That will make you feel really powerless and at the mercy of your condition, and we don't want that. And if trying to make changes just seems too difficult, start slowly, start making little changes in your life, start experiencing new things. Whether that is meditation, whether that is reading a book, watching a television series, listening to a great podcast—whatever it is, make some small changes, create momentum, and then, who knows what that will lead to.

 

So, thank you for listening. In the show notes, I'll link to the episode where I talk about losing my voice. I'll also link to the Profitt Podcast episode, "Turning Adversity Into Hope: The story of a podcast born from resilience and optimism—I love the title, that's the interview with me.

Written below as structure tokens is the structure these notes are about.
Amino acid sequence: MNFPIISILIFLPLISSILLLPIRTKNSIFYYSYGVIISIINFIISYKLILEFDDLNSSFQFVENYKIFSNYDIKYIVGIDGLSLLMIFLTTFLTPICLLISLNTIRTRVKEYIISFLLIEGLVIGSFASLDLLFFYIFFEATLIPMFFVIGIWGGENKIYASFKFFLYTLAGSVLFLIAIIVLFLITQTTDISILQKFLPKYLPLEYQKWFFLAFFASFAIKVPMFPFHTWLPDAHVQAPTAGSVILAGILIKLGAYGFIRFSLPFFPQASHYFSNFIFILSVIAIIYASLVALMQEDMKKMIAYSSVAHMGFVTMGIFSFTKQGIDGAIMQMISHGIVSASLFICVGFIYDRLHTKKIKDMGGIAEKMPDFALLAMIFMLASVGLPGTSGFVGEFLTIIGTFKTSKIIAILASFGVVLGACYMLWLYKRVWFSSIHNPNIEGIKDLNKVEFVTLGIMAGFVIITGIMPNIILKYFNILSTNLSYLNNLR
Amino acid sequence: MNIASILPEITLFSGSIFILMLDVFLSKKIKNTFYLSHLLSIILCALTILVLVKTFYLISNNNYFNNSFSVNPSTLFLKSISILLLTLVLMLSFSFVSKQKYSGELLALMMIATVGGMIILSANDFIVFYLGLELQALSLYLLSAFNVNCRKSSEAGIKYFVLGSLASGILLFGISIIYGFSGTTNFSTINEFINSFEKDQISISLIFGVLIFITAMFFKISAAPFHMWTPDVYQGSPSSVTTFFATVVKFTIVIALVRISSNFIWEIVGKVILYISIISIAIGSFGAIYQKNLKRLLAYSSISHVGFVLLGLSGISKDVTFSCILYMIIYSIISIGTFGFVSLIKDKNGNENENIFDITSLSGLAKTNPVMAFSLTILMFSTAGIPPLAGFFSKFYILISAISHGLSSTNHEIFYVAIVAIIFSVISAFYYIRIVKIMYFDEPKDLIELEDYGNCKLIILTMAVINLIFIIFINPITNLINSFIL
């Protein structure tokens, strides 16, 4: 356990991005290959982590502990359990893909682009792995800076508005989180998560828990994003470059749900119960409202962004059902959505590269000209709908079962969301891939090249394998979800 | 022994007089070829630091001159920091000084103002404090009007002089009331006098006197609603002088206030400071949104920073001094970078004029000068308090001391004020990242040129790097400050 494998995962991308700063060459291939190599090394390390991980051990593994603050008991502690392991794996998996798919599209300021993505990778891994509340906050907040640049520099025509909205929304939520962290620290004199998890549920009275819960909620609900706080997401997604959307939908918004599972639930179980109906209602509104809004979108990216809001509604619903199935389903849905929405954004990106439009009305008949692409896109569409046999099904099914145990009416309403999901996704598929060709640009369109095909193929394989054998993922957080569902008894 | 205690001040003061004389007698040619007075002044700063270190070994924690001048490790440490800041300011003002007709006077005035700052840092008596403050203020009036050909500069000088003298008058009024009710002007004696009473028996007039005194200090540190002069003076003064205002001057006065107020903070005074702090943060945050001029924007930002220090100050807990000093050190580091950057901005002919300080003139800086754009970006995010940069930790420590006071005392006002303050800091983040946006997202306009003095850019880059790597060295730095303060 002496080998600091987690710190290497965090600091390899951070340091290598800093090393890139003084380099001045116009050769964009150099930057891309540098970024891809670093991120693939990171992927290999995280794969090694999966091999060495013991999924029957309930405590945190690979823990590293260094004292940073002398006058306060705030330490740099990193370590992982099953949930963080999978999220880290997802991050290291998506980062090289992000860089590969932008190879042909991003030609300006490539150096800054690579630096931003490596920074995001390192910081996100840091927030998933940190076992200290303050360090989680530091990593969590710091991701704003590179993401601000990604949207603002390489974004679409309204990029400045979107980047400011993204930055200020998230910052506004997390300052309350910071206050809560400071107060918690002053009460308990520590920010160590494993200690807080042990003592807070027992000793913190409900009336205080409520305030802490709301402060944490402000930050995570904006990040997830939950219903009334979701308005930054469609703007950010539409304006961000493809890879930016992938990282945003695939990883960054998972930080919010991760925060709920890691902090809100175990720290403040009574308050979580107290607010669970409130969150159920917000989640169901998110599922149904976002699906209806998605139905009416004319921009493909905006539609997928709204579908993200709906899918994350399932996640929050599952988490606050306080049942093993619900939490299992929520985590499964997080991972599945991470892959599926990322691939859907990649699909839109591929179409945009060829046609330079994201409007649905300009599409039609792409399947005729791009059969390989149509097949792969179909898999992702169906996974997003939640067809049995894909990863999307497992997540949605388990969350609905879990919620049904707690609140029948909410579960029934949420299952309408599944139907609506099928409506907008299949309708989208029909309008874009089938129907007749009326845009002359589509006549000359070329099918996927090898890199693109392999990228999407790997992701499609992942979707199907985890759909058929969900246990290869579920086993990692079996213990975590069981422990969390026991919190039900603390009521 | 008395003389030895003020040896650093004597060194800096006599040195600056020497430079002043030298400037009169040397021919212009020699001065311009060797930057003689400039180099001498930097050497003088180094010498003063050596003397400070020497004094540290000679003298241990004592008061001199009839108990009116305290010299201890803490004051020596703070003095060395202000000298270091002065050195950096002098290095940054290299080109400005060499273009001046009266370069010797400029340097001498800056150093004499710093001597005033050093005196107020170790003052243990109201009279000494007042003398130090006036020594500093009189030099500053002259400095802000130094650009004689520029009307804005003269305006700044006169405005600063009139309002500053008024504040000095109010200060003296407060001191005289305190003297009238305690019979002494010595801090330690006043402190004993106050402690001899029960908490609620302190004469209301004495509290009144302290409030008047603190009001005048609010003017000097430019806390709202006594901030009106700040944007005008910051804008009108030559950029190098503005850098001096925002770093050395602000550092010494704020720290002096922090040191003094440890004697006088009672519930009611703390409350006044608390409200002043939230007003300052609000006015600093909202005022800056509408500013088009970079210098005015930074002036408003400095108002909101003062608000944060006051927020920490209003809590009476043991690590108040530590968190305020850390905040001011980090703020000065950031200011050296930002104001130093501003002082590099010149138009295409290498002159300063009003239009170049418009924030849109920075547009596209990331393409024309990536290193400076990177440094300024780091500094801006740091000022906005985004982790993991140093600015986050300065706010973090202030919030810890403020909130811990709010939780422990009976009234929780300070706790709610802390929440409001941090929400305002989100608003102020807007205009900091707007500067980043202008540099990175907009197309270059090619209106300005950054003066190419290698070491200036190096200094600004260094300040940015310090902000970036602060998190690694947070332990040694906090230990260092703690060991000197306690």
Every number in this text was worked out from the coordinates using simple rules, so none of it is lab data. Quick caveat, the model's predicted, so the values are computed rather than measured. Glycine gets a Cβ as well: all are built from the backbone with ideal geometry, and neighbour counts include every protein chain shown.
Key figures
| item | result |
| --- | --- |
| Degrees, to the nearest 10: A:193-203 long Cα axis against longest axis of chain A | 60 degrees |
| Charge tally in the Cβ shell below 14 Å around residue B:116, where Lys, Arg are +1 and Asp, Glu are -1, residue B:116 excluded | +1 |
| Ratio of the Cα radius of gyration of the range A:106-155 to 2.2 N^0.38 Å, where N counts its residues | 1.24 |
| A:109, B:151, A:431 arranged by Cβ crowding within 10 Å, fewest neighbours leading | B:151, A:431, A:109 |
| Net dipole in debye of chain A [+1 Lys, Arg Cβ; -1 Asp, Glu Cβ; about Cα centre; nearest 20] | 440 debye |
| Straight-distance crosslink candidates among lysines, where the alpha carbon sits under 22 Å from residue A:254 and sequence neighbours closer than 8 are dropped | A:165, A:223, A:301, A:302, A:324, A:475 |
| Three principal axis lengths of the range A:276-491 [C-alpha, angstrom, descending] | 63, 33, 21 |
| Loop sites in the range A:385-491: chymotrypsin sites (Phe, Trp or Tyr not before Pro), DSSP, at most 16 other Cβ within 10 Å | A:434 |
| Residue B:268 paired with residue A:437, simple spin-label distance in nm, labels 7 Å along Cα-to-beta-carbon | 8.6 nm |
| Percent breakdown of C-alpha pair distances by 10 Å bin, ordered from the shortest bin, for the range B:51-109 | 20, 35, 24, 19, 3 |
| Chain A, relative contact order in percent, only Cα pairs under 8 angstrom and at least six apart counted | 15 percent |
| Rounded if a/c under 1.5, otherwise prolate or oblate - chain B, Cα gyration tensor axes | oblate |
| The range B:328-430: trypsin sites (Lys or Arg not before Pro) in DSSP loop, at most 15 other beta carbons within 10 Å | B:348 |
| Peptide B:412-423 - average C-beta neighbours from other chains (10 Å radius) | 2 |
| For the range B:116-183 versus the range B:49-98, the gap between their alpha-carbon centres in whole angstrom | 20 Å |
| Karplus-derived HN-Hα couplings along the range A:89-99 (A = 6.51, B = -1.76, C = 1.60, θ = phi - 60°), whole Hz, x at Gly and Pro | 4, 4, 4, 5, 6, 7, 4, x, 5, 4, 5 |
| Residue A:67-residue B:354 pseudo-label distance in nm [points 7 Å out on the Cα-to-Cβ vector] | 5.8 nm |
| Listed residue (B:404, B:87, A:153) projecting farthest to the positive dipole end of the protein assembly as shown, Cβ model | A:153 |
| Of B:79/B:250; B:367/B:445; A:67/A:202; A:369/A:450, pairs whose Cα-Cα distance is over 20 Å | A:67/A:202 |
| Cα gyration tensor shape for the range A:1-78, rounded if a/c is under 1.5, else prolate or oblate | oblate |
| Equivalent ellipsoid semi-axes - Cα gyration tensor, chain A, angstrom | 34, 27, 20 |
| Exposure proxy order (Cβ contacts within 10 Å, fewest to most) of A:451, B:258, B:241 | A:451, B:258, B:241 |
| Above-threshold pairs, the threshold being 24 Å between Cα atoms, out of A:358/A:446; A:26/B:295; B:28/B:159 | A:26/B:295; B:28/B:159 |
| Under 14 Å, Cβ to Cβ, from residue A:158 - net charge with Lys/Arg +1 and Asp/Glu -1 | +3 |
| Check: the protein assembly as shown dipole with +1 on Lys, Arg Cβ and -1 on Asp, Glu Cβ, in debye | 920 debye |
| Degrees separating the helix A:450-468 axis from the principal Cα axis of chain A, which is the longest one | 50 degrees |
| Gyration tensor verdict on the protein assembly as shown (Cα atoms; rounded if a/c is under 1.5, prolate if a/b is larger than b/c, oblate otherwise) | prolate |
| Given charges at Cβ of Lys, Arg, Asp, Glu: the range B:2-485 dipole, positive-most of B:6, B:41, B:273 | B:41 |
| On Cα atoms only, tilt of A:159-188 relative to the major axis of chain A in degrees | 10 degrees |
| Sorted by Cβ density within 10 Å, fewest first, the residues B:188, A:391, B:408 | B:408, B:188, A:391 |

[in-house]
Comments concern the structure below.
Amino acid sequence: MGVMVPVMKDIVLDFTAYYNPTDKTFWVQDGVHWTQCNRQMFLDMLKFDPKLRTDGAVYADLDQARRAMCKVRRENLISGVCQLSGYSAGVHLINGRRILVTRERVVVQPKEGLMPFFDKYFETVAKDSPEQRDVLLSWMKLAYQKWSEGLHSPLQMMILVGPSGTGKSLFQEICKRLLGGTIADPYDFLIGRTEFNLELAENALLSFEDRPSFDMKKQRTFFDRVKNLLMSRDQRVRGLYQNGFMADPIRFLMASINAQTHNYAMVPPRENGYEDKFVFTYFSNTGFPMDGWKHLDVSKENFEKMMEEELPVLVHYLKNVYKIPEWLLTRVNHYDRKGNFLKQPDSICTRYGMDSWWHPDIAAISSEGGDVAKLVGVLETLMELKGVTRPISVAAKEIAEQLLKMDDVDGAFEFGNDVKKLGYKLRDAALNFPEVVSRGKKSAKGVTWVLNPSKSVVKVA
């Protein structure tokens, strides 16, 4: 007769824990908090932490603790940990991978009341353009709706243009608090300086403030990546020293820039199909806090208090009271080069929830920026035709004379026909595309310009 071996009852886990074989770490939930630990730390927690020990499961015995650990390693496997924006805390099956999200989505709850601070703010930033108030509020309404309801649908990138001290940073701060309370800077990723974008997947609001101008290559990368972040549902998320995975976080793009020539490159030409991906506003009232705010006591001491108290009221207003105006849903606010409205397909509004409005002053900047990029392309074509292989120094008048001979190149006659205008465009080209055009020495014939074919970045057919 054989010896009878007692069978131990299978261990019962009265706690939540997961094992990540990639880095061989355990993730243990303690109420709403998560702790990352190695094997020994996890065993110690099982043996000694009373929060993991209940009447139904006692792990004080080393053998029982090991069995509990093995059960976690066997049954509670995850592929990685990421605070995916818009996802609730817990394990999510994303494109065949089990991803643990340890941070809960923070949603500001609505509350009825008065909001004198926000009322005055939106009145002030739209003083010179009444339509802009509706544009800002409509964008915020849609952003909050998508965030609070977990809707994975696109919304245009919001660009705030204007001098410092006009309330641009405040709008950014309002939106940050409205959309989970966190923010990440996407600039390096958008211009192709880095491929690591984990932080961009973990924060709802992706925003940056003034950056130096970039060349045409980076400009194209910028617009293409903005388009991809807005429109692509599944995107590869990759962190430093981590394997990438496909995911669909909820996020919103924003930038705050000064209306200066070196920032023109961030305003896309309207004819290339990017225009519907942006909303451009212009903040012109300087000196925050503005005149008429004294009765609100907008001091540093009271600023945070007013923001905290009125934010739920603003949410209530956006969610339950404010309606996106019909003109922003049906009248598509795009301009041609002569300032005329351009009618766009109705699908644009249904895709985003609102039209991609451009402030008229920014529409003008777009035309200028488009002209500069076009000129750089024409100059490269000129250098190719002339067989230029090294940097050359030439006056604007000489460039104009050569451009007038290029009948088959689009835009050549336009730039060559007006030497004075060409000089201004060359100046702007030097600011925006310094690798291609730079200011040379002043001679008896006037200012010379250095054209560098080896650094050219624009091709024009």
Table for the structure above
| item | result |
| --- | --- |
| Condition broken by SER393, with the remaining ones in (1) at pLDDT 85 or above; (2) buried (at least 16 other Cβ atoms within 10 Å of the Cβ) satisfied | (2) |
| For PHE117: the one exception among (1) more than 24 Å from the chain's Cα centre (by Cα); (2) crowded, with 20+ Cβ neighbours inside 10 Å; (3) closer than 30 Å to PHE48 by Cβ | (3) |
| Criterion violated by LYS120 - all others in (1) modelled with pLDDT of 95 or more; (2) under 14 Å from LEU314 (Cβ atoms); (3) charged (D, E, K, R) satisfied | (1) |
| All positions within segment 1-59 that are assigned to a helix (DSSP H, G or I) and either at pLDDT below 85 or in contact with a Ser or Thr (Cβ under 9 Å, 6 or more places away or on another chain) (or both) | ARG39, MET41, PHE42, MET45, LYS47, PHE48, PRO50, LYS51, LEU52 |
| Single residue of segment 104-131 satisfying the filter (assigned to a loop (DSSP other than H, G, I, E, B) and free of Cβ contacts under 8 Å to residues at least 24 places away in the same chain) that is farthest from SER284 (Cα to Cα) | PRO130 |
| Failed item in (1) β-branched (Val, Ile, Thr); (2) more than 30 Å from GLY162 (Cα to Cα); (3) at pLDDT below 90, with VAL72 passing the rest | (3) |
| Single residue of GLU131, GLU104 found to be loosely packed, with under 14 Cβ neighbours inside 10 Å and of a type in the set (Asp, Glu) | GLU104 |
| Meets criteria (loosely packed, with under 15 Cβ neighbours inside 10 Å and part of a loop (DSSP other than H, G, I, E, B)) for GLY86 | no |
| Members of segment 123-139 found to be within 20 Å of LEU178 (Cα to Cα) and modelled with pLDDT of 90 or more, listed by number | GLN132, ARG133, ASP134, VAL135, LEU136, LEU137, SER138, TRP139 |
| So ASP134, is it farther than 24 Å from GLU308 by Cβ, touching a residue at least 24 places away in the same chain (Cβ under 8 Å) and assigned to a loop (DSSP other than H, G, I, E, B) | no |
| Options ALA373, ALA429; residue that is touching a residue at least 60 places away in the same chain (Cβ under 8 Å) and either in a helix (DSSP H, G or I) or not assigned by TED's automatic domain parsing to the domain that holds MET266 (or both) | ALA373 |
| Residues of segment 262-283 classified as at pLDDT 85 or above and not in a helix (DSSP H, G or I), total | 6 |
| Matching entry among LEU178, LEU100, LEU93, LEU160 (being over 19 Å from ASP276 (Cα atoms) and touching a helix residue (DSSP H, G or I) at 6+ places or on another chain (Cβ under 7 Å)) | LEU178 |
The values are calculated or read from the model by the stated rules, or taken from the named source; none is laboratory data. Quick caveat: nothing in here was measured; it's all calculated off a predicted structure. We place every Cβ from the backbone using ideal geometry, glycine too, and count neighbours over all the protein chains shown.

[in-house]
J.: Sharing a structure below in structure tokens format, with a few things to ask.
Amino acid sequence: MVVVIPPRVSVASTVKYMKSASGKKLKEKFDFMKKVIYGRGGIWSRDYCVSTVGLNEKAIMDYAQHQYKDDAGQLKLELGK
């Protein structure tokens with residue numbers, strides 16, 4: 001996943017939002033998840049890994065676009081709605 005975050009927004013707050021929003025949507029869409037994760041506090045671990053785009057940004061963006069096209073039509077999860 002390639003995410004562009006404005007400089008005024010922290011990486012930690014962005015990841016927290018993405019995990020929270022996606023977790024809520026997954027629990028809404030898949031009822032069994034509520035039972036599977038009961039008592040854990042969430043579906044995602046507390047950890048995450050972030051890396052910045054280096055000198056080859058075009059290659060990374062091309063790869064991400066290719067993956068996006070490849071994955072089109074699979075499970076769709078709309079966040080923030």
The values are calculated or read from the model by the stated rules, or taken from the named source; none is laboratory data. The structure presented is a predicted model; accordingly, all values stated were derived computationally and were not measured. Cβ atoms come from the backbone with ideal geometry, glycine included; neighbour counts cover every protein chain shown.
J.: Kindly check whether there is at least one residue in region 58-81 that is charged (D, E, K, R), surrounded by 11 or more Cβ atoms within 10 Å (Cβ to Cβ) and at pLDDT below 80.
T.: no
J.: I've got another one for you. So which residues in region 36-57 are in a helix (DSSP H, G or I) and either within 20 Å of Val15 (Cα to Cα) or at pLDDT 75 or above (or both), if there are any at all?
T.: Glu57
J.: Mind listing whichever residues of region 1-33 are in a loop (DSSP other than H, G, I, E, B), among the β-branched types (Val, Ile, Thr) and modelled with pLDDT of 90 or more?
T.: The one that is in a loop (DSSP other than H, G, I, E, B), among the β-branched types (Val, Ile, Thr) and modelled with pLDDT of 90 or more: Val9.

And also, remember to follow me on Instagram Also, visit my website, Hurdle2Hope.com, for different resources including the healing journey quiz. Quite a few people have been signing up to it and I'm so pleased because this is a way of building momentum. With this quiz, I'll give you different resources as to how you can move forward from whatever stage of the healing journey you're on.

 

 

 

Are You Ready to Reclaim Your Life?


If you are living with a health challenge or supporting a loved one who is the good news is...

You can start your own Hurde2Hope® journey today by accessing this FREE on-demand MindsetMasterclass.

In it, you'll discover the exact three mindset shifts that have empowered me in my life with MS and now stage 4 breast cancer.

I'm so excited to share these insights with you! ❤️🧡💚